Reader Ed Notter has done us all a great service with this exhaustive survey of the many fine watering holes located within and around our two favorite communities. Here’s Ed to start us off.
Not sure if this would be of any interest to you but here’s some “tavern” history of MRH+ in my lifetime. If you don’t think it’s appropriate for 40 South you’re not gonna hurt my feelings, it was fun to put together. The numbered ones are those I frequented at some point in my life and my opinion of them. If you do see a use for it please let your readers know I concede my fallibility and memory loss. I don’t mind and would appreciate additions and corrections. I have not included recent establishments as they come and go so quickly. I did get some help from Facebook friends with this but one stands out. Pat Glaser (also a long term MRH family). If you do publish this please mention him, he was a huge help.
I do think it is appropriate, Ed. Highly so. Pat Glaser consider yourself mentioned and thanks. DH
This just like shooting fish in a barrel for me, folks. Ed, Pat and his other friends have done a lot of work to put this together. The least I can do is to find what tavern photos I have and run those.
Here’s Eddie’s. It was located at Manchester and Arthur, middle of the 7300 block on the north side. Everything was demolished for an ill-fated redevelopment project in the 1970s. Today this is the site of the Schnucks store.
Many of my readers are aware that the bar called Cousin Hugo’s, a Maplewood institution, just closed… a victim of the pandemic. It was located on the west side of Hanley/Laclede Station Road adjacent to Deer Creek Park. I believe this man is Cousin Hugo.
This image was made in the fall of 1940. That is Hugo behind the bar.
This image was worked up for an early display of the Maplewood Historical Society. I think it was done by Mary O’Neal who I haven’t heard from in ages. Hope you’re doing well, Mary. I certainly appreciate whoever let us copy these Hugo photos even though I seem to have misplaced their name.
An interior image from Mijo’s Bar which was located on the NW corner of Kensington and Oxford. My friend, Luke Havel’s garage now occupies that site.
Also from Mijo’s.
Saratoga Lanes, probably seen here in the early 1970s, judging from the Ford Pinto parked at the curb. This image is courtesy of Wanda Kennedy, author of Kennedy Music, a fascinating tale of her musical family. If you don’t have a copy of it, why not?
Saratoga Lanes has been in operation CONTINUOUSLY since it opened in 1916!!!
See what sort of bonus images you get from Maplewood History.
I don’t have any images of Paul’s Maple Leaf Bar but it was in this building at 3107 Sutton Ave. The building began life as a bakery in the early 1900s. It was remodeled with a sloping floor to be the Powhatan Theater for many decades. Now it has been beautifully remodeled again and is currently for sale. Check it out. It is fabulous.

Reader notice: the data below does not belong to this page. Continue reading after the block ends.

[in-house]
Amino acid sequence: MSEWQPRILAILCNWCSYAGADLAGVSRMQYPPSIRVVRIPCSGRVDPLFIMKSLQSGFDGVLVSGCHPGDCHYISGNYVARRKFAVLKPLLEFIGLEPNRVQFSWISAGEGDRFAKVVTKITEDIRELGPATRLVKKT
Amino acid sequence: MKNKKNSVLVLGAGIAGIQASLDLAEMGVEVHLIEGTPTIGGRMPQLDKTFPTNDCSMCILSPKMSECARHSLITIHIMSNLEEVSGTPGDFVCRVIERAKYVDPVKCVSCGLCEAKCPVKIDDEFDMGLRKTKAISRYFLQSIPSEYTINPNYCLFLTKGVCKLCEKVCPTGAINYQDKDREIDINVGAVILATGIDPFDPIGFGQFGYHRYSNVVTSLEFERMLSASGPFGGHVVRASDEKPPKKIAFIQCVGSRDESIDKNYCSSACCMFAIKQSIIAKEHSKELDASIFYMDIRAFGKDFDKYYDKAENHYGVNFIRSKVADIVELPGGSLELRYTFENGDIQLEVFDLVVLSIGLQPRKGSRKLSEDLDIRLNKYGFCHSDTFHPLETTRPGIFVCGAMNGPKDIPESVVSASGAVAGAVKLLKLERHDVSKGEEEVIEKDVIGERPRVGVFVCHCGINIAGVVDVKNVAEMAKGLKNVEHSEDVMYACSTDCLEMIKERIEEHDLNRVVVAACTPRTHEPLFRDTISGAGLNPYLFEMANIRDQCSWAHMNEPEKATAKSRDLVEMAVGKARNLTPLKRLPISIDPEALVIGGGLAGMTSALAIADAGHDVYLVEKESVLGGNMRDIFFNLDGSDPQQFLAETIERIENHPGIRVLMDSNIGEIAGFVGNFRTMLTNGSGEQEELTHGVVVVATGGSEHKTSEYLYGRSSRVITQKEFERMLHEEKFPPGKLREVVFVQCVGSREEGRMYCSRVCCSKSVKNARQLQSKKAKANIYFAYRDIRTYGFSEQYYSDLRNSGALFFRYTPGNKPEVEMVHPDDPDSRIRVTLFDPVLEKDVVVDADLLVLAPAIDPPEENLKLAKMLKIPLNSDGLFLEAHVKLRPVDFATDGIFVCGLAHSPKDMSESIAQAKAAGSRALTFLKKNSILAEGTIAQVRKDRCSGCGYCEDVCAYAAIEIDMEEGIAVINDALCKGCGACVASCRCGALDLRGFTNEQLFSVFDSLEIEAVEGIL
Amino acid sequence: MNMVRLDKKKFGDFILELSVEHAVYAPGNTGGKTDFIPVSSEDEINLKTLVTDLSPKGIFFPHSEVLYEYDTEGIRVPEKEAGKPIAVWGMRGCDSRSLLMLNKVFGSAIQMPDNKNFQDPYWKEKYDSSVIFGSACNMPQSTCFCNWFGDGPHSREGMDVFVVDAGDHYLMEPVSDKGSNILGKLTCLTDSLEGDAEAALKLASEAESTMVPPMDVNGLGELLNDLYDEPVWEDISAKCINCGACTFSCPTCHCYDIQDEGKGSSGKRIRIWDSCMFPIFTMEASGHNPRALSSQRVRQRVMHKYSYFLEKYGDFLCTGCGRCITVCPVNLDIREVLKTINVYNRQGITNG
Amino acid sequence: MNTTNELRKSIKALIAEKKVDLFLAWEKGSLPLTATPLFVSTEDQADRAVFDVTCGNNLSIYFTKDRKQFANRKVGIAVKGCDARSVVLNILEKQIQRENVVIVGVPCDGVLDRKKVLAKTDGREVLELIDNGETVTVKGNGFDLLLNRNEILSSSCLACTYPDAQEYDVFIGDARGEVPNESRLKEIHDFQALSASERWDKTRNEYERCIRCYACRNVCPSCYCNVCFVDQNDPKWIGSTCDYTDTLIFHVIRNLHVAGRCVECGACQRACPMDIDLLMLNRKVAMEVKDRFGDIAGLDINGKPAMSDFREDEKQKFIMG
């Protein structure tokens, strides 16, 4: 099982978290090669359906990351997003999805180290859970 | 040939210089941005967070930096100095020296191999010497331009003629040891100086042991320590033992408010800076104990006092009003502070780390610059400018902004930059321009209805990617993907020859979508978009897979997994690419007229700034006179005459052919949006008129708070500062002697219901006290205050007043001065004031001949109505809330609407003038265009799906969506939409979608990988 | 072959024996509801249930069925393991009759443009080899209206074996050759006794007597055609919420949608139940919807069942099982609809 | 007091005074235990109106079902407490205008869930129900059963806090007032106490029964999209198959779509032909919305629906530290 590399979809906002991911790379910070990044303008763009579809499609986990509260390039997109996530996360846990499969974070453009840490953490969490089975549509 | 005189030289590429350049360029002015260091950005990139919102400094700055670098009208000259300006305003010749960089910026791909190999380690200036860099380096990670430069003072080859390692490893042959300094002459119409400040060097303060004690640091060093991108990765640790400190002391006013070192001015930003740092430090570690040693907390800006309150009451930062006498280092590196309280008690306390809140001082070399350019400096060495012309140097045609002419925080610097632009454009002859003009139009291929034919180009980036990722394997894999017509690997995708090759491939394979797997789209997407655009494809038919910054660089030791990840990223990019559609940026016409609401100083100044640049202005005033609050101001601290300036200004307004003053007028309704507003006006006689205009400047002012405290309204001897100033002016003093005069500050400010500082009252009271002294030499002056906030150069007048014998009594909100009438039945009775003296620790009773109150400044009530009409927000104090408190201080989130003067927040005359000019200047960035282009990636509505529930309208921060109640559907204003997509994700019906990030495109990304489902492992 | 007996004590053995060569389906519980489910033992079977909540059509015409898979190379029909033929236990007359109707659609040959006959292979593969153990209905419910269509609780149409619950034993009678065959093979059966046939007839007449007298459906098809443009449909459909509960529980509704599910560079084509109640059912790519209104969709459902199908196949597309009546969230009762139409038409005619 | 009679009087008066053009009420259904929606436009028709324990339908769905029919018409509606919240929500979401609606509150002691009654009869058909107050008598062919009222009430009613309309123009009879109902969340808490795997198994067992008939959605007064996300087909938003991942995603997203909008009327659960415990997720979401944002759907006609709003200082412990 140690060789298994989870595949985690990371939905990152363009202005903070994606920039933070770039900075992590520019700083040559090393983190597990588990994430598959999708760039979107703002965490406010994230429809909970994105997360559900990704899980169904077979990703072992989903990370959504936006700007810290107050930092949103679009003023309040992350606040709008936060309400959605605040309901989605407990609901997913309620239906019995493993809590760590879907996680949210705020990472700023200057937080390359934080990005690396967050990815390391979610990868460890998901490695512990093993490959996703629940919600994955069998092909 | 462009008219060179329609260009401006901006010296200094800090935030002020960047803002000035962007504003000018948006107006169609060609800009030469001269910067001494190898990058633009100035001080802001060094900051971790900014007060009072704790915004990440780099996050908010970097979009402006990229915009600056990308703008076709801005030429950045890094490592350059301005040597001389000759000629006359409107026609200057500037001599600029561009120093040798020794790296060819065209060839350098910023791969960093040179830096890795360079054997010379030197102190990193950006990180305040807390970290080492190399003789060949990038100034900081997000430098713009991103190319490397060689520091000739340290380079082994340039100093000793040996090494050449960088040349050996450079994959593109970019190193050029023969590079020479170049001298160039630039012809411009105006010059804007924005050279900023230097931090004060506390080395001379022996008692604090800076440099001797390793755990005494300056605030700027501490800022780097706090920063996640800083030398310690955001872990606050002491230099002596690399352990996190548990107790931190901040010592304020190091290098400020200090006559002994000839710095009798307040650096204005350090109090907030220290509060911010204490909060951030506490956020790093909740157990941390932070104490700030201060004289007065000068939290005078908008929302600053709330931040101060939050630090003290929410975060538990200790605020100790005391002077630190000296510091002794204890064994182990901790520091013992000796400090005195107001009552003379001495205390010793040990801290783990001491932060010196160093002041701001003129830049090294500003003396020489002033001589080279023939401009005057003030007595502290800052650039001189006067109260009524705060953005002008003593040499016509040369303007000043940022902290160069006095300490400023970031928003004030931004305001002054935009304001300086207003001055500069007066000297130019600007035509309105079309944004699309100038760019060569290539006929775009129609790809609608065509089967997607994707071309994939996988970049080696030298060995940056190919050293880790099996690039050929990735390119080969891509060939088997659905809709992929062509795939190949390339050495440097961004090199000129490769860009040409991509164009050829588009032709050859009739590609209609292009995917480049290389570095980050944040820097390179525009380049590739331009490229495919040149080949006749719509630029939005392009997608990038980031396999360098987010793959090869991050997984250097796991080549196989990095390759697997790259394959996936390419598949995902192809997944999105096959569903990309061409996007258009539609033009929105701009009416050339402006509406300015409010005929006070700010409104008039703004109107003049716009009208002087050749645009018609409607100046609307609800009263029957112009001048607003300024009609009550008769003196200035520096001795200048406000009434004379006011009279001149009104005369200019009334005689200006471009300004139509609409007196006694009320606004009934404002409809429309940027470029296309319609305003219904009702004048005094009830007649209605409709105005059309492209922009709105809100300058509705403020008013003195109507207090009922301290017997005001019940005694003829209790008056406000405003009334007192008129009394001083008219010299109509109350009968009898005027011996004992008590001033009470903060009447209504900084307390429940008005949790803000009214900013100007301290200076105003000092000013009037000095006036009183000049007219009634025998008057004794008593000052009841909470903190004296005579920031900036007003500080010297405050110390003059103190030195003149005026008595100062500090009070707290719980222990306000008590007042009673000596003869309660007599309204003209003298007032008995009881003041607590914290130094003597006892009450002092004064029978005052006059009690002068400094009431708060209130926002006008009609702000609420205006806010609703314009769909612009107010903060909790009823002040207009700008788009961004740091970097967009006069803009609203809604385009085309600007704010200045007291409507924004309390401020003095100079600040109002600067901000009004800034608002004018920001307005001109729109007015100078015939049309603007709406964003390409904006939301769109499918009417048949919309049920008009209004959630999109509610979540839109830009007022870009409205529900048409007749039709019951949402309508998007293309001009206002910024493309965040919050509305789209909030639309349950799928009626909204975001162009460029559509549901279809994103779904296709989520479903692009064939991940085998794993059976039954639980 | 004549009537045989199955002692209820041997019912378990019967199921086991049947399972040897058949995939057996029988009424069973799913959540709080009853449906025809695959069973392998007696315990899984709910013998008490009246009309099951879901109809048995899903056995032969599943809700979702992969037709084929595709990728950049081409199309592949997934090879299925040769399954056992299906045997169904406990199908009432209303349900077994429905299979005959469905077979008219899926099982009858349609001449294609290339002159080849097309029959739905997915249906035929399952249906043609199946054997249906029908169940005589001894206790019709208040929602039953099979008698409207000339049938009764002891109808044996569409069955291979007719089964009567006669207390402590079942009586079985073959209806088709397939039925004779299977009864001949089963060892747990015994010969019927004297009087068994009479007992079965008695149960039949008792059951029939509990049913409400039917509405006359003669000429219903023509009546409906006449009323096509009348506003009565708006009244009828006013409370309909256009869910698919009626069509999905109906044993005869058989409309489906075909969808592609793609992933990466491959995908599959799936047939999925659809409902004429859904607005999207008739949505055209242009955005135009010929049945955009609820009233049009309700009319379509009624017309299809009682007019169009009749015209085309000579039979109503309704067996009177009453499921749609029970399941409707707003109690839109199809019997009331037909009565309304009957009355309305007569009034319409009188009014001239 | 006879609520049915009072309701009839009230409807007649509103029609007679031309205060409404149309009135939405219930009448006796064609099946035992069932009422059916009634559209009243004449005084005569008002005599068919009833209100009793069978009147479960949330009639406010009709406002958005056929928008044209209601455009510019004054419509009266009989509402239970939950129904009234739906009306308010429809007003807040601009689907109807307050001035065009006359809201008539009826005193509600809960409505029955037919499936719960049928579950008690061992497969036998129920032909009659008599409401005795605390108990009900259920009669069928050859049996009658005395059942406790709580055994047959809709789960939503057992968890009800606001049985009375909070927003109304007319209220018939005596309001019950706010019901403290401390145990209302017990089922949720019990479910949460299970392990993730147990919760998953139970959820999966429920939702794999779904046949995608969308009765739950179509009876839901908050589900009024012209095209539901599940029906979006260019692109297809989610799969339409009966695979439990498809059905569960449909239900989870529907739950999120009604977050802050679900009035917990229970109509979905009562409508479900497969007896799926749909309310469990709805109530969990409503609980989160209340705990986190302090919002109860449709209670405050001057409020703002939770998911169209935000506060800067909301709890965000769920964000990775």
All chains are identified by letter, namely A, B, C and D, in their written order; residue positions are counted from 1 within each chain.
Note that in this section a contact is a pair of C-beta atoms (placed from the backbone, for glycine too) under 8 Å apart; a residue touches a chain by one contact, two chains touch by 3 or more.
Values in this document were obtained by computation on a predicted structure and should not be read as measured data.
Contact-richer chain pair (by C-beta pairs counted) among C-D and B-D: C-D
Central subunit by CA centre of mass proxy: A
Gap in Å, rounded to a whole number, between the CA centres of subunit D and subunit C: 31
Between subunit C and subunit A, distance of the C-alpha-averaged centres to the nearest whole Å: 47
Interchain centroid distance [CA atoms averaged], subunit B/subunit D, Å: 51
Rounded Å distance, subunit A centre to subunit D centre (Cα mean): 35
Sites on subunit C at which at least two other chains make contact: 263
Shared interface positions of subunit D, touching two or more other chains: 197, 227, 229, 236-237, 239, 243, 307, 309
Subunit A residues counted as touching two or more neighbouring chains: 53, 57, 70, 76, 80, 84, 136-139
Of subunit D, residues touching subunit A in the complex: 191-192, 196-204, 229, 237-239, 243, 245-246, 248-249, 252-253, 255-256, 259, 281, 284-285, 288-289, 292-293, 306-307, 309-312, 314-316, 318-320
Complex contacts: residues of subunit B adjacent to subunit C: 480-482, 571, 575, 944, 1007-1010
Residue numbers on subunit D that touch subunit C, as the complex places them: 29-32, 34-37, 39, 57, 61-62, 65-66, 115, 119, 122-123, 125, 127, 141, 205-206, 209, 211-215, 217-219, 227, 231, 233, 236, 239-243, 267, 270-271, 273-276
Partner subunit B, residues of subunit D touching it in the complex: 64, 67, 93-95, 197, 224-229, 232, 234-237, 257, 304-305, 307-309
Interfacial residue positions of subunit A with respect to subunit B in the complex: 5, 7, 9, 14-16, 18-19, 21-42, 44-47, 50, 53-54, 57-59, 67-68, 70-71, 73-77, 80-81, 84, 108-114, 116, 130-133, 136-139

The Moose Lodge still exists. It too has been beautifully remodeled.
Once known as the Piccadilly Buffet, this building not only survives, it still belongs to the Collida family who have owned it since the 1920s. Long a bar and grill, it was converted into a very nice restaurant known today as the Piccadilly at Manhattan.
Tony (in the striped shirt) and Niccolo Collida behind the bar. About 1950.
Francesca and Paul Collida (on the right) heat the place up.
A couple of well dressed gentleman no doubt in pursuit of one of their favorite beverages.
Another early view of the exterior. The location is St. Elmo and Manhattan.
I must remember to show this one to my neighbor, Paul Griesedieck. That’s his family business.
An image of just one of the many thousands of good times at the Piccadilly. They are still happening. If you haven’t eaten there you are missing something special. My thanks to the Collida family for allowing me to copy these wonderful images.
Bob Scheidt’s comment below prompted me to find this image online. I remember this picture as well. I just can’t remember where I saw it or how many times I saw it. It could be there was a copy at the Antonia Tavern. More on that later.
Also inspired by Bob Scheidt’s comment, I found Johnny Ryan’s mentioned in the Post-Dispatch from 1941 to 1945.
That should hold you for awhile. Just like work, the Maplewood History blog expands to fill the time allotted for it. Much thanks to Ed Notter for his very interesting submission on the taverns.
Be safe, everyone.
Doug Houser November 28, 2020